Apple Orchard Falls: Hike to a 200-Foot-Tall Waterfall Near Bedford, Virginia
The 2.9-mile out-and-back hike to 200-foot-tall Apple Orchard Falls begins at the Sunset Field Overlook parking lot at milepost 78 along the Blue Ridge Parkway.
The overlook lot is easy to find as you’re motoring along the scenic byway.
It practically begs you to pull over to take on this refreshing hike to one of the best waterfalls in Virginia.
|Elevation Gain||1,040 feet|
|Terrain||Mostly dirt & rock trails, some stairs|
|Driving Directions||Click Here|
Apple Orchard Falls Hike
There are at least a dozen parking spaces and we had no trouble finding one on a Sunday afternoon in August.
The first paved steps from your vehicle past the large trail sign wow with wide-open valley views. Be sure to pause to snap a few photos.
In a few more steps, there is a large trail sign welcoming visitors to this section of the George Washington and Jefferson National Forest.
A topographical map created by the United States Forest Service shares what you’ll see along the trail, including mountains, ridges, creeks and gaps.
Apple Orchard Falls Trail
After the first paved steps, the Apple Orchard Falls Trail quickly curves to the right into the forest.
In an instant, you will become enveloped by a rich, green canopy of towering cove hardwoods and fragrant hemlocks.
From here, the descent along a terrain-rich trail made of dirt and rocks begins, inching you ever closer to one of the most dramatic waterfalls in Virginia.
At the .2-mile mark, you’ll reach a trail sign that can easily confuse, but continue straight ahead to remain on the blue-blazed Apple Orchard Falls Trail.
After a few more steps, you’ll reach the first of two switchback sections to help ease the steep descent along the trail.
A gently flowing creek (Cornelius Creek, I presume) comes into view on the left-hand side.
At the .8-mile mark, you will reach an intersection with the Cornelius Creek Trail.
Continue straight to bypass this trail, then bear left at the blue-blaze when the trail splits into two trails.
A playful water crossing rewards hikers of all ages, as does a cascading stream to the left of the trail, which comes into view near the one-mile mark.
As you continue on, you’ll pass several giant boulders, as well as a huge tree taken down at some point by a massive force.
At the 1.1-mile mark, descend 25 wooden steps and cross a wooden bridge to reach the banks of an inviting waterfall. It’s an ideal stop for a snack break.
Take off your shoes to splash around in the refreshingly cool waters that cascade downstream. This, however, is not the waterfall. The best is still yet to come.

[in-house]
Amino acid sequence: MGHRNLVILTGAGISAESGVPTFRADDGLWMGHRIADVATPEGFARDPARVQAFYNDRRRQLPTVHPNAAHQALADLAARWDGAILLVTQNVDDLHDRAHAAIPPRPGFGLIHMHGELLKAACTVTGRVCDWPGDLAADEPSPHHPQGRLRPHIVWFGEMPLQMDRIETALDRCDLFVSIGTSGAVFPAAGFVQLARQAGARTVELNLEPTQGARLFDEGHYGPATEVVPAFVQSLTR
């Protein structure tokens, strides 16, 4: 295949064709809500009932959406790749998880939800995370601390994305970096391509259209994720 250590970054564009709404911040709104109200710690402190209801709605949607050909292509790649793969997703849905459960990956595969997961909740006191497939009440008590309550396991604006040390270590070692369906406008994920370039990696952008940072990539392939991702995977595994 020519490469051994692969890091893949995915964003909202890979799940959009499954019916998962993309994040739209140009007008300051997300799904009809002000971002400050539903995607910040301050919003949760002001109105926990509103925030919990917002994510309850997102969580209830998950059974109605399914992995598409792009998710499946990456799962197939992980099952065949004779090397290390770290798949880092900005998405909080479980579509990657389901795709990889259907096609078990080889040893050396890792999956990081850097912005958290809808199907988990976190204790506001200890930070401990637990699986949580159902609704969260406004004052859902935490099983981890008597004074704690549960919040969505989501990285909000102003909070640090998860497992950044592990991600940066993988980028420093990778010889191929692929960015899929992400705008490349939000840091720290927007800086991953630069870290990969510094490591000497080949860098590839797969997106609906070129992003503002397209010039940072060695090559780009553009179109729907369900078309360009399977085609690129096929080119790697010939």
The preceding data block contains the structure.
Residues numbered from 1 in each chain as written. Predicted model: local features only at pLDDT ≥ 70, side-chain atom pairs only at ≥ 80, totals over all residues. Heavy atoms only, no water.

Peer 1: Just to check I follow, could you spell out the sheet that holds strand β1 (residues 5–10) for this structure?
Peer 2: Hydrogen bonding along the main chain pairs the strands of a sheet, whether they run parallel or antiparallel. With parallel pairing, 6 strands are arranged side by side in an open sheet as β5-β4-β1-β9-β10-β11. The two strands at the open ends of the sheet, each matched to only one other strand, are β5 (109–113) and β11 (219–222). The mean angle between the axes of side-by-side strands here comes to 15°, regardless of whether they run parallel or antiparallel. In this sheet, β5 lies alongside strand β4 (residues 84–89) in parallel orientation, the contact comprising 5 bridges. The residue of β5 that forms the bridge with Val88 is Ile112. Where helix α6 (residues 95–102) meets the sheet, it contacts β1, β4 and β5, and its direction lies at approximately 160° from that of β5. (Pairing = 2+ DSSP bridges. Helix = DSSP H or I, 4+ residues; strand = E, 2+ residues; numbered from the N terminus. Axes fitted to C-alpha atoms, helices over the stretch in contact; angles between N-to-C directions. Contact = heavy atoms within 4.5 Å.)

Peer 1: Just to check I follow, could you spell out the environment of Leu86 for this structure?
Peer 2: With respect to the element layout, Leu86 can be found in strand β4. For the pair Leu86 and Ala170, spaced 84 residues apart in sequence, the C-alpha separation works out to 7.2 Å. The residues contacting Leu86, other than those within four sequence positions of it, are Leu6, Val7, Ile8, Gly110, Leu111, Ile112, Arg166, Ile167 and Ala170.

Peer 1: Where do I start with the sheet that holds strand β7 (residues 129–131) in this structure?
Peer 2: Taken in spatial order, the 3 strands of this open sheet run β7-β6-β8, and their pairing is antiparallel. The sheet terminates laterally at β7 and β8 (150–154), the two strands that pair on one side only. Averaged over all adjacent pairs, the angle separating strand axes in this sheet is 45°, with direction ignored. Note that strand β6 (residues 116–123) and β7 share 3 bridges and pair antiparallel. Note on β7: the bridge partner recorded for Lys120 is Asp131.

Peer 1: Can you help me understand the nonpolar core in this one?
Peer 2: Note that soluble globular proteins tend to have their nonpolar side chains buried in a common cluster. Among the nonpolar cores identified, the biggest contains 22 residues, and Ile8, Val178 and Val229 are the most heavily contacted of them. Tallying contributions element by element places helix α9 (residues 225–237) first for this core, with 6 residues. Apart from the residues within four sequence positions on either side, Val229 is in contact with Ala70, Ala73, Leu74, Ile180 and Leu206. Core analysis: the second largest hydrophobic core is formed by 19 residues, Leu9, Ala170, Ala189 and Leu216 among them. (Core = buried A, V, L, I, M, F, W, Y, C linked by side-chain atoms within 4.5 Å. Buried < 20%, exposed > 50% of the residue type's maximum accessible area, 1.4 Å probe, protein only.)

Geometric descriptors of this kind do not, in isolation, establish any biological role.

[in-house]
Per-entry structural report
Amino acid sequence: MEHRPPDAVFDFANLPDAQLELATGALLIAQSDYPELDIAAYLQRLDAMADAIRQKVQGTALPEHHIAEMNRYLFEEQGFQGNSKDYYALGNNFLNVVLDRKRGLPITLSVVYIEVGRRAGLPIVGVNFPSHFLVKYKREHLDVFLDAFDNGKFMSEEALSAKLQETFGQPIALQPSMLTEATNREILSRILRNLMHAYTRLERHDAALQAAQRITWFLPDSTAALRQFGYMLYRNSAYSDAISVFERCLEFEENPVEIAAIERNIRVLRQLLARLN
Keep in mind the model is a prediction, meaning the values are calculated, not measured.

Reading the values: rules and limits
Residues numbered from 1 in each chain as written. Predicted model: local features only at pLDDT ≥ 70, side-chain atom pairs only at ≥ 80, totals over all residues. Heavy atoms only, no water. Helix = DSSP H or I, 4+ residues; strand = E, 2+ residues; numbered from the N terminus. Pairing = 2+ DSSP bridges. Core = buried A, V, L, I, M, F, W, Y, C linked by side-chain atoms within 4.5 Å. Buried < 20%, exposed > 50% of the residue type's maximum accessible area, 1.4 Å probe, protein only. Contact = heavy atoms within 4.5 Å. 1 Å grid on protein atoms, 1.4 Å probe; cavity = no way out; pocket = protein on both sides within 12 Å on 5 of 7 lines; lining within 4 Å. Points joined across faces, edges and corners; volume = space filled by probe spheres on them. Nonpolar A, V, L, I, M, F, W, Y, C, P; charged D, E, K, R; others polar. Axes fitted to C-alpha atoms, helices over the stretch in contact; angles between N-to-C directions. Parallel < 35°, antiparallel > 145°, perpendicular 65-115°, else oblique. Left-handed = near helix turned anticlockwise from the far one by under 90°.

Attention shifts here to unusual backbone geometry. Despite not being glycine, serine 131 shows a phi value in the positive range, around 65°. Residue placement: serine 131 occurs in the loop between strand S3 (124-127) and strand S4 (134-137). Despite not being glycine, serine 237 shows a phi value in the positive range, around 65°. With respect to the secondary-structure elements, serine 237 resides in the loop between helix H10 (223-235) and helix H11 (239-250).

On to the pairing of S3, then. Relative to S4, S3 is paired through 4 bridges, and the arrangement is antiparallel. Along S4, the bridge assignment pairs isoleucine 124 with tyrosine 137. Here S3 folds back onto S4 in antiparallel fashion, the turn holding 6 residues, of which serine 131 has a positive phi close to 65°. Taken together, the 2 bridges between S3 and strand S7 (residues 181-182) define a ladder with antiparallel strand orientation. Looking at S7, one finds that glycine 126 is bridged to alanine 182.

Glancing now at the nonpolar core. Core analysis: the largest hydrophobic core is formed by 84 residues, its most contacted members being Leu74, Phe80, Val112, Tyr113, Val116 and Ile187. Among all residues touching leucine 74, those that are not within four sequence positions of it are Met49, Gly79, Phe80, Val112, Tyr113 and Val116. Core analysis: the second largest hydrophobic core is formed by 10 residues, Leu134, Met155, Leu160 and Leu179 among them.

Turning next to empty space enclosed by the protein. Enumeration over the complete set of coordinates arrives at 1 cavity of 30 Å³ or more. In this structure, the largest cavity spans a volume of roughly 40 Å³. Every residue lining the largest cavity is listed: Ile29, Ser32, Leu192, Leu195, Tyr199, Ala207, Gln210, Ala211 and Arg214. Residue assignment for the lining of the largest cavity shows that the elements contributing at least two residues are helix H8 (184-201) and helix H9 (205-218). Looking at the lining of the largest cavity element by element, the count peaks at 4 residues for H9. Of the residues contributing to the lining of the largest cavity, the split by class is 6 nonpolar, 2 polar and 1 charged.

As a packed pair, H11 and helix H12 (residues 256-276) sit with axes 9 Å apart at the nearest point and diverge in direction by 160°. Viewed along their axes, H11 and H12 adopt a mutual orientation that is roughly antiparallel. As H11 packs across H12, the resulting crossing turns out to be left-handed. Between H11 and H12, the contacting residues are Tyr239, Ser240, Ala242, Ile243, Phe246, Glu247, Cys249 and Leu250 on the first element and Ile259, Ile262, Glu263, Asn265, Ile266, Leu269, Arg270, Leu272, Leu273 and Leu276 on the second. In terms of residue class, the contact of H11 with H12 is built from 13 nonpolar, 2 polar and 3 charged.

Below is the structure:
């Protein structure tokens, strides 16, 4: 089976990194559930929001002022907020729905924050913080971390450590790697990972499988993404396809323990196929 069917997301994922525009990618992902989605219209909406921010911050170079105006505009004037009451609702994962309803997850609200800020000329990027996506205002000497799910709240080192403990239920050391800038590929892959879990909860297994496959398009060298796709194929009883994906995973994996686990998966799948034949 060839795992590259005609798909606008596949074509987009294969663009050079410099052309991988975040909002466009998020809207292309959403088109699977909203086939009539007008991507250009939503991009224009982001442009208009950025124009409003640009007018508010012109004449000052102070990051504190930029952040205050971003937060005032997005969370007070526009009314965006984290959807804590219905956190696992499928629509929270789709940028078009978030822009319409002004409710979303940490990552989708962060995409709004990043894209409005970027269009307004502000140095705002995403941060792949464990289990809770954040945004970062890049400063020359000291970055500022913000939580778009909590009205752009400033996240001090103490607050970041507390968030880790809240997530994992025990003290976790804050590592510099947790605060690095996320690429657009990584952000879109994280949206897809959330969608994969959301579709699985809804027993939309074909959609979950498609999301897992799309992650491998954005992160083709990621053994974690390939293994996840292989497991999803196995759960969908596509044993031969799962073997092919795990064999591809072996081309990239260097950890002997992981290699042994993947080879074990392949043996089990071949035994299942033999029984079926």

In another .1-mile, look left at the large rock face. Climb up the side to a curious small cave.
In this same spot, there’s also a large tree just off the trail that has clearly been a favorite with local woodpeckers. How many holes can you count?
Big Mountain Views
By this point, the waterfall is close at hand. But first, you must descend several sets of wooden steps.
Pause after the first set for views to the west of Floyd Mountain and Backbone Ridge. It’s hard to beat a hike with mountain views and crashing waterfalls.
In a few more steps, you’ll reach another short staircase. Then, the final descent of more than 120 steps to the waterfall viewing area.
Mid-way, there is a platform that offers up the first views of the falls. There is also a bench, an ideal stop for rest on the way back up.
Apple Orchard Falls
Once you reach Apple Orchard Falls, you’ll cross a small wooden bridge and go up a few steps to be front and center at the falls.
There’s a bench and a number of good size rocks that make a perfect spot for lunch in front of the falls.
Scramble some rocks for a better view of this striking 200-foot-tall waterfall.
Re-trace your steps to the parking lot but take your time since the hike is all uphill on the way back. Watch your step as you navigate rocks and tree roots.
It can be easy to be careless when fatigued from the difficult uphill climb. You can also make this a loop hike by starting at the North Creek Campground.
For a longer hike, add on a second waterfall that’s less than 10 minutes south on the Blue Ridge Parkway.
The Fallingwater Cascades Trail at milepost 83 is an out-and-back 1.2-mile trail to a small waterfall where kids can splash their feet in the water.
For a shorter hike, stop at the small splashy waterfall at the 1.1-mile mark of the Apple Orchard Falls Trail, then return to your car.
A third option is to summit Apple Orchard Mountain (elevation 4,206 feet) once you’ve explored all of Apple Orchard Falls.
You can reach the summit by way of the white-blazed Appalachian Trail, which intersects the waterfall trail at the .3-mile mark (turn right) of this hike.
From the parking area, this hike took me close to 90 minutes. However, there is no need to rush. Simply savor the forest views.
There is no porta-potty and the closest town to fuel up – both with gas and with food – is Buchanan. The town is four miles off milepost 90 from the scenic byway.
Traipse across the swinging pedestrian bridge that crosses over the James River or float on a tube courtesy of Twin River Outfitters.
For eats, try the Buchanan Fountain and Grille, a 1950’s-style diner that kids will love.
Order up a salad, a burger, a wrap or a pizza. Save room for a scoop of Hershey’s ice cream. Maybe even a milkshake. Yum-o.
Eager to step foot on more scenic hiking trails? Check out my favorite hikes near Lexington, Virginia.
Erin Gifford is the editor of Go Hike Virginia. She has completed more than 300 hikes in Virginia. She is also the author of three hiking guidebooks from Falcon Guides. Need help finding a hike? Check out the Trail Finder feature or send Erin a message.